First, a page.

Photo: Axios on HBO

In an interview with Mike Allen for "Axios on HBO," Sen. Mitt Romney (R-Utah) said he agrees with "most" of President Trump's actions, specifically as it relates to tax and regulatory policy.

The big picture: Romney has been one of few Republicans to consistently critique the president. In recent weeks, Romney condemned Trump's ask of China and Ukraine to investigate former Vice President Joe Biden and his son, Hunter, over unsubstantiated corruption allegations, calling the move "wrong and appalling."

  • Romney has also joined a slew of Republicans in condemning the president's actions in northern Syria. In a Senate floor speech last week, Romney said the decision to abandon the Kurds "will stand as a blood stain in the annals of American history."

What they're saying:

"Well, the president has led the Republican Party. And as the captain of the team, the team has gotten behind the president. I have a different approach, but, you know, most of what the president has done in his first couple of years with regards to tax policy, regulatory policy, most of that I agree with."
— Romney to "Axios on HBO"
  • Romney also noted: "I vote with the president about — 80% of the time, but I think in some of the things that he has said or done that he has detracted from the mission of a leader in shaping the character of the country in a positive way."

Between the lines: Romney has a unique advantage in going against Trump, as Trump only won Utah with 45.5% of the vote in 2016 — and he's not up for re-election until 2024.

  • Republican lawmakers don't often have the same constituency, leaving many to face the president's popularity, which is often higher than their own.

Go deeper

SurveyMonkey poll: Young voters' red-state blue wall

Data: SurveyMonkey; Chart: Danielle Alberti/Axios

There are only five states in the U.S. where voters younger than 35 embrace President Trump over Joe Biden, and none are swing states, according to new 50-state SurveyMonkey-Tableau data for Axios.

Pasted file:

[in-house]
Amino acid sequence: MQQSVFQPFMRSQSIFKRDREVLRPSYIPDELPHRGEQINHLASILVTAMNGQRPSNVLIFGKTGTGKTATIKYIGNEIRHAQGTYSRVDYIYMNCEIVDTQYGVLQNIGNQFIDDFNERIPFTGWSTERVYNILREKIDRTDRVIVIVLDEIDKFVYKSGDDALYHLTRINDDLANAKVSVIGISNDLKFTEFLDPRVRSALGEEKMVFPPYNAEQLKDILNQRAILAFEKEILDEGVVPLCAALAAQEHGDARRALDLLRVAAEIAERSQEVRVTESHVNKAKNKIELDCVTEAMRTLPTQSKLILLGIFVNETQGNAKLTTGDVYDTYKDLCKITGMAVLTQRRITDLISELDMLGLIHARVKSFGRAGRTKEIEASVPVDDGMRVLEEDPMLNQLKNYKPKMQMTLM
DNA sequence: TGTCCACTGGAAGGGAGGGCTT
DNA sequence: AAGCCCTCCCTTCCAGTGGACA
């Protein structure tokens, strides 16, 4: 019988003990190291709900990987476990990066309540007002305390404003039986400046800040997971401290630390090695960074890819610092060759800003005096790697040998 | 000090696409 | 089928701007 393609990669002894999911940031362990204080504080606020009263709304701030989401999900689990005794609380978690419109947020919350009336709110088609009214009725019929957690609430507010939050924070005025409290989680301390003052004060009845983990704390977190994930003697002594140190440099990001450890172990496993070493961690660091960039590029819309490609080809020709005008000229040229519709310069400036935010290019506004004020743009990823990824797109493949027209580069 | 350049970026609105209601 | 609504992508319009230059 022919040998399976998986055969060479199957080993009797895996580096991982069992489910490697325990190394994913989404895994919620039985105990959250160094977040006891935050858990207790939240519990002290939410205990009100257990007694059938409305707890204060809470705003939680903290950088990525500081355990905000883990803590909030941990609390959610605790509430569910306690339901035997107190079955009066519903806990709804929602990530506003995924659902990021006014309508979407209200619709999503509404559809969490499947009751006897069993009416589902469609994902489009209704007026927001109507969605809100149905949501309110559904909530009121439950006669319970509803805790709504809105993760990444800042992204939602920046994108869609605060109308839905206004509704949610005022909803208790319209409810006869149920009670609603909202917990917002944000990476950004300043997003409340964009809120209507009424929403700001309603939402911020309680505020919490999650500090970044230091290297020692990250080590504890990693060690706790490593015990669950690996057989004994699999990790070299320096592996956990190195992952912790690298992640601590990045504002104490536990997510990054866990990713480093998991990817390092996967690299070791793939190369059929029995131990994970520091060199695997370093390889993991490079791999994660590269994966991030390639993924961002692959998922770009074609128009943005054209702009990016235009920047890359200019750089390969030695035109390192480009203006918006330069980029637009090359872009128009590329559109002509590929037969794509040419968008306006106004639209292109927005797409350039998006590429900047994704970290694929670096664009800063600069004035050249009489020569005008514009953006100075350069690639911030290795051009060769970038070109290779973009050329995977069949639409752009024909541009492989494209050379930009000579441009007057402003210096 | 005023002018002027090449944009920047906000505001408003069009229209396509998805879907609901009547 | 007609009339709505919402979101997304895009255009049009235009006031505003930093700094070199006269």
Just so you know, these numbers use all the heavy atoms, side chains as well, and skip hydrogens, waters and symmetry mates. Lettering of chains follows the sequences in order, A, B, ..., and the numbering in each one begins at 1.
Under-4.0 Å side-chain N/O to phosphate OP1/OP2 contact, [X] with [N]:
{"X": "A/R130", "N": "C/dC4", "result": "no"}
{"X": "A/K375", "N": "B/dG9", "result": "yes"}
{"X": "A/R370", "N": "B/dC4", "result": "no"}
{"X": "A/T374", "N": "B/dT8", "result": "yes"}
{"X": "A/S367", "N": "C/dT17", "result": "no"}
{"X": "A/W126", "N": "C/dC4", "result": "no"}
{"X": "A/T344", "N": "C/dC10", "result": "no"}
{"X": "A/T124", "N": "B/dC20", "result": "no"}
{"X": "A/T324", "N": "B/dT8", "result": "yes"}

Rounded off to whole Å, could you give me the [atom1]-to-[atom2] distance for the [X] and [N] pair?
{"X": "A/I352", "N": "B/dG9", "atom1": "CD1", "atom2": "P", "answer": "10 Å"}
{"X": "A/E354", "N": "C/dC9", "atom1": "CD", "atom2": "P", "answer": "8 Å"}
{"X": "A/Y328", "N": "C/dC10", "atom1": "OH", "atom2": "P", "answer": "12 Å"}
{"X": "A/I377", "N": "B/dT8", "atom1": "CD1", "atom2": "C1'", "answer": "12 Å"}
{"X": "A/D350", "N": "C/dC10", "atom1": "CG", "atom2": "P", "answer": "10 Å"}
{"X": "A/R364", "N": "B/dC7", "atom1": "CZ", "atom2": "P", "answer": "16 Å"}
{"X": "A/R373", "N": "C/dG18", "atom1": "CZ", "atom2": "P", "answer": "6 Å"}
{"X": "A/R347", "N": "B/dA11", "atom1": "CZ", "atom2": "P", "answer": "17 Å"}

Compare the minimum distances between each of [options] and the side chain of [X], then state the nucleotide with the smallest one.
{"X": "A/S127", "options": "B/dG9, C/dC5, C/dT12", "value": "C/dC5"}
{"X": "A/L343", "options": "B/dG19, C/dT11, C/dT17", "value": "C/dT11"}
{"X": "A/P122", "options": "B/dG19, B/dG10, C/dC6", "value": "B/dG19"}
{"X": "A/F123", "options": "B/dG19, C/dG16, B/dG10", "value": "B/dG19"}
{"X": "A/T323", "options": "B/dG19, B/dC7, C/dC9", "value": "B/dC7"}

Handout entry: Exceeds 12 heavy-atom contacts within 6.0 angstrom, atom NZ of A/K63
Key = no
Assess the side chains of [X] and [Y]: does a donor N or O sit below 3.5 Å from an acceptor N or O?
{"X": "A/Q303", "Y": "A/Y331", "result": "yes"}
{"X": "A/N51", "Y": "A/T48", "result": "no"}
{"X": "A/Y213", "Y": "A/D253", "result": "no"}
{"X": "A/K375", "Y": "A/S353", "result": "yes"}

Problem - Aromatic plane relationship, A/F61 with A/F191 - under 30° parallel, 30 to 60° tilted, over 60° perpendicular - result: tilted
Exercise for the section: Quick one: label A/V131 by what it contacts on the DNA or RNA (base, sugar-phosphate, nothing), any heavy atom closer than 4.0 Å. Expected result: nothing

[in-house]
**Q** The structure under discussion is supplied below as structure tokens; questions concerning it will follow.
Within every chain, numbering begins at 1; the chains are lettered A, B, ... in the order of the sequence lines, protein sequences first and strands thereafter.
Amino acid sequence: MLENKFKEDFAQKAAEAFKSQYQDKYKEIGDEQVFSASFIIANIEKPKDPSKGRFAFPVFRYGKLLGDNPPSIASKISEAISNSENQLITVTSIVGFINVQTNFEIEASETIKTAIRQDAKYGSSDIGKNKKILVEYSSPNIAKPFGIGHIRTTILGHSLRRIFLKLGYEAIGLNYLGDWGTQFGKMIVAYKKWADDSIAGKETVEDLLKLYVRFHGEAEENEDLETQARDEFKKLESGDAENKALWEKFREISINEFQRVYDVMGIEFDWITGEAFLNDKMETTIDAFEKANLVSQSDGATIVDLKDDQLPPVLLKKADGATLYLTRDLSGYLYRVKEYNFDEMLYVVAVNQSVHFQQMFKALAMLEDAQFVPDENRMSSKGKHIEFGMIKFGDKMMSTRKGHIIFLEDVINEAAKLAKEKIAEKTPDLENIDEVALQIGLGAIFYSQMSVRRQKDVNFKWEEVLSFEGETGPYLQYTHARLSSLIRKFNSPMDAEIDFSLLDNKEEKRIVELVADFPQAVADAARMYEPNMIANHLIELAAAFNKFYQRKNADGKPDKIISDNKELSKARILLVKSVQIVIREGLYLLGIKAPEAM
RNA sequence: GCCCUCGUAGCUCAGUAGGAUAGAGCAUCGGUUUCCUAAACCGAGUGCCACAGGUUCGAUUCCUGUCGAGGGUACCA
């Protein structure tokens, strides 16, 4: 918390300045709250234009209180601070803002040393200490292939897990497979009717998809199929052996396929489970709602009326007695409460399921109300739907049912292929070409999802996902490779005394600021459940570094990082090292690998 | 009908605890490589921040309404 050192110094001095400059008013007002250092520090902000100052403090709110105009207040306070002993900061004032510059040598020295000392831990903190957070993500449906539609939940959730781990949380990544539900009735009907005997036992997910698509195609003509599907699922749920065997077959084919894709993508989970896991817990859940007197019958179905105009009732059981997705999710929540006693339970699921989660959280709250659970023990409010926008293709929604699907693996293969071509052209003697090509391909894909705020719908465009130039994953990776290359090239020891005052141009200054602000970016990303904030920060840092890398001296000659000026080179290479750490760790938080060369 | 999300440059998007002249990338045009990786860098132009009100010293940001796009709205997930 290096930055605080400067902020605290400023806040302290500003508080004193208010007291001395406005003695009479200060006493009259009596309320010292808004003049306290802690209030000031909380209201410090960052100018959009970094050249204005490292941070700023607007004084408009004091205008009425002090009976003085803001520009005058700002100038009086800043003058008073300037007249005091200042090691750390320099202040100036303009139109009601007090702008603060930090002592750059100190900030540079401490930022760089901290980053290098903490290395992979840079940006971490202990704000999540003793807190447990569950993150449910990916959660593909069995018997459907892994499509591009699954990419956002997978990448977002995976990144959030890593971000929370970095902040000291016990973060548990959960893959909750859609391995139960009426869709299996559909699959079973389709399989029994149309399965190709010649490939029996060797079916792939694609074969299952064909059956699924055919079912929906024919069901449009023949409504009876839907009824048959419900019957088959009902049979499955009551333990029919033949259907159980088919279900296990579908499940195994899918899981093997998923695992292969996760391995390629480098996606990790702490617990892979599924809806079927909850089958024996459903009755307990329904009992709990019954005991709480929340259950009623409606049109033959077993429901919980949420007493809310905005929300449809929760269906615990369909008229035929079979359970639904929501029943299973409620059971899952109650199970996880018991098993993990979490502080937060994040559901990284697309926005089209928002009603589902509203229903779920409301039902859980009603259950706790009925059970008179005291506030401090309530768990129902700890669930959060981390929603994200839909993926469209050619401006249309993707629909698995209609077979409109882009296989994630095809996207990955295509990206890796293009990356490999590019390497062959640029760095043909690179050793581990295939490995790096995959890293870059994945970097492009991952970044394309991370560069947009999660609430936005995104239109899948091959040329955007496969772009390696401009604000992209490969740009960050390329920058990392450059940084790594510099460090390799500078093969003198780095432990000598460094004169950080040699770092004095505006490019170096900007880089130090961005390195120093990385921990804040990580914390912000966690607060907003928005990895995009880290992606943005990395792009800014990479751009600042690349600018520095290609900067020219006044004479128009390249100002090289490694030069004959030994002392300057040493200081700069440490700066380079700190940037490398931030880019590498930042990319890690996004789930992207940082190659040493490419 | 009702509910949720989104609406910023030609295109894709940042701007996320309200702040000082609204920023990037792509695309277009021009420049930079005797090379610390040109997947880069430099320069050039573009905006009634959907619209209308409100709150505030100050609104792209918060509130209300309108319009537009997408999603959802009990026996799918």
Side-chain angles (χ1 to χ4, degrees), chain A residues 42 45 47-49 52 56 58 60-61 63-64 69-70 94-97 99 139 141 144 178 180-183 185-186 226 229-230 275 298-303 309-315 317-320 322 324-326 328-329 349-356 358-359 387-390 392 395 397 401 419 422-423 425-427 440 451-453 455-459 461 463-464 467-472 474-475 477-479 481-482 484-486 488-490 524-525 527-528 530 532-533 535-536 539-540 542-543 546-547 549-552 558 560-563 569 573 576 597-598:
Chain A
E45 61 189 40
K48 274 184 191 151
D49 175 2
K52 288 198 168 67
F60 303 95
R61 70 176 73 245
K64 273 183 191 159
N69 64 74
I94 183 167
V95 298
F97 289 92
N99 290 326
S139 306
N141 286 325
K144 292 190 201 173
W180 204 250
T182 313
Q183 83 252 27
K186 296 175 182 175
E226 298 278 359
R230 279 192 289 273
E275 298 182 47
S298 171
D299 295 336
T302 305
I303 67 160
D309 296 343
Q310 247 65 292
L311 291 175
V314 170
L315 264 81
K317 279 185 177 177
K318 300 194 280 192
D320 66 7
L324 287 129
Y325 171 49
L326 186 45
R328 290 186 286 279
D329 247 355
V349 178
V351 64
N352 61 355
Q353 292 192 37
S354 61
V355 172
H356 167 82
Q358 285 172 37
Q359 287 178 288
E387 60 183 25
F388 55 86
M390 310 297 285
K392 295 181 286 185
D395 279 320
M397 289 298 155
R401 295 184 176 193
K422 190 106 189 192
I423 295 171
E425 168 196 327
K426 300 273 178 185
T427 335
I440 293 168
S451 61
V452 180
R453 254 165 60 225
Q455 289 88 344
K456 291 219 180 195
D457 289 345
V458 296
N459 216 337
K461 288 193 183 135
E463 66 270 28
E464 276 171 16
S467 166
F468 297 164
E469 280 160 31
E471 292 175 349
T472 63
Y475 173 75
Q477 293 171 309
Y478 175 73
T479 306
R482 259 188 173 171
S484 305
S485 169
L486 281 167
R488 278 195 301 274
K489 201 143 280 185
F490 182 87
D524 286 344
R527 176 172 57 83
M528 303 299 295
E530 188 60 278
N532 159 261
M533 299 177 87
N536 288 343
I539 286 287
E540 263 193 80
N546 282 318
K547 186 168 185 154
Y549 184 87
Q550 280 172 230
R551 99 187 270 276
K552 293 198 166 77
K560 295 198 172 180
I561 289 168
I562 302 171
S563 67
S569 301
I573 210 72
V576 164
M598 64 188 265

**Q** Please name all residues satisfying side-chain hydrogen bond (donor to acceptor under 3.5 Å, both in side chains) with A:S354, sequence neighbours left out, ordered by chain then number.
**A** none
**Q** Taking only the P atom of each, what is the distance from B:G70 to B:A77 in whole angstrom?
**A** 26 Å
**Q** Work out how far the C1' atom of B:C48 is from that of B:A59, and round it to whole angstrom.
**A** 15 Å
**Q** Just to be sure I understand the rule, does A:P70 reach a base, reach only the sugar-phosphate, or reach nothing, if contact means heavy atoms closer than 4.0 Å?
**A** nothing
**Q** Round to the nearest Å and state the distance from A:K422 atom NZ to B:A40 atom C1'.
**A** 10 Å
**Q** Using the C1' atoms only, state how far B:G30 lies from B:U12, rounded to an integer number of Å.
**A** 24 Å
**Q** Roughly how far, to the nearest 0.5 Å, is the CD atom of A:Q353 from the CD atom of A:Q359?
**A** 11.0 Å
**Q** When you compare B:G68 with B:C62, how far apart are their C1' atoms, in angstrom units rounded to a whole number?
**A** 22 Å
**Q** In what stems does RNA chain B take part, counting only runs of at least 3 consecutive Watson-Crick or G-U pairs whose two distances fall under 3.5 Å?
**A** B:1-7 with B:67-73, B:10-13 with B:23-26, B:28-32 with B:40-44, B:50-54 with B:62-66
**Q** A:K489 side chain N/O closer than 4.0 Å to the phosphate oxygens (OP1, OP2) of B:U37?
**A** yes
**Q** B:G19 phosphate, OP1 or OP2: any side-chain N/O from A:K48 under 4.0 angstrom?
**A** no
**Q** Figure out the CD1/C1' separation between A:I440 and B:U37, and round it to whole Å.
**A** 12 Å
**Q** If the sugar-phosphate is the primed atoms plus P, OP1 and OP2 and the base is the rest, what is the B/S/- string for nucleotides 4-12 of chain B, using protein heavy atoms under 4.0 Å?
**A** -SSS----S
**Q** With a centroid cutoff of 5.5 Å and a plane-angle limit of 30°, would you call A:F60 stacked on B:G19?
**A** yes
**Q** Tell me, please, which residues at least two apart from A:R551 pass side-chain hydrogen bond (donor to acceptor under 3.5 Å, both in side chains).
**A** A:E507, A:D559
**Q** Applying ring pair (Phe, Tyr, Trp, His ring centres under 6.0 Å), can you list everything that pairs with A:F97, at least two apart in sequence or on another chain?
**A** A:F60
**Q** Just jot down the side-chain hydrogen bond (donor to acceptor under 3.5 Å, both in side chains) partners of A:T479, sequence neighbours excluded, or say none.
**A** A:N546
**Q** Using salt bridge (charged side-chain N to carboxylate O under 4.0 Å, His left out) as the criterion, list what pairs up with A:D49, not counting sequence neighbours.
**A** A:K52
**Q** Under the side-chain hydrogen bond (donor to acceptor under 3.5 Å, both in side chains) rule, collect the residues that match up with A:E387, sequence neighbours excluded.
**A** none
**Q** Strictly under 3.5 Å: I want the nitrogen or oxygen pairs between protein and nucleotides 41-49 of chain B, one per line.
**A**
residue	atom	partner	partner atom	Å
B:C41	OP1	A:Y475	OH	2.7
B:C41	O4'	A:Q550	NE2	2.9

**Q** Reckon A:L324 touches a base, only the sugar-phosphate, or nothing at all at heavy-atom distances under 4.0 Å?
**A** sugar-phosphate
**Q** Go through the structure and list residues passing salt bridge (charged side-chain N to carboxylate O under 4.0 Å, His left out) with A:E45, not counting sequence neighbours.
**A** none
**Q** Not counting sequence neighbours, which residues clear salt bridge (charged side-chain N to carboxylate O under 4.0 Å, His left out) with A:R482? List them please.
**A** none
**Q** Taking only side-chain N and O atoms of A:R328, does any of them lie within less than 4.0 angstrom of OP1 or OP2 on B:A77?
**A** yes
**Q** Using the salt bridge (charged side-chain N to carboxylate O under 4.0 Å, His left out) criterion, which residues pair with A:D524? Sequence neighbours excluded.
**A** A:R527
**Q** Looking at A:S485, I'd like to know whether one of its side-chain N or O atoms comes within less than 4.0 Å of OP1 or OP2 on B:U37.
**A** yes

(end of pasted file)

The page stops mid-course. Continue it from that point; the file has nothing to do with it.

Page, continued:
Why it matters: These scattered red spots in a sea of blue vividly illustrate Trump's peril if young people were to actually turn out this year. Put another way, Trump's path to re-election depends heavily on younger adults staying home.

Updated 3 hours ago - Politics & Policy

Coronavirus dashboard

Illustration: Aïda Amer/Axios

  1. Politics: Chris Christie: Wear a mask "or you may regret it — as I did" — Senate Democrats block vote on McConnell's targeted relief bill.
  2. Economy: Why the stimulus delay isn't a crisis (yet).
  3. Health: New York reports most cases since MayStudies show drop in death rate.
  4. Education: San Francisco public schools likely won't reopen before the end of the year.
  5. World: Spain becomes first nation in Western Europe to exceed 1 million cases — France becomes the second.
Updated 7 hours ago - Politics & Policy

U.S. officials: Iran and Russia aim to interfere in election

Iran and Russia have obtained voter registration information that can be used to undermine confidence in the U.S. election system, Director of National Intelligence John Ratcliffe announced at a press conference Wednesday evening.

Why it matters: The revelation comes roughly two weeks before Election Day. Ratcliffe said Iran has sent threatening emails to Democratic voters this week in states across the U.S. and spread videos claiming that people can vote more than once.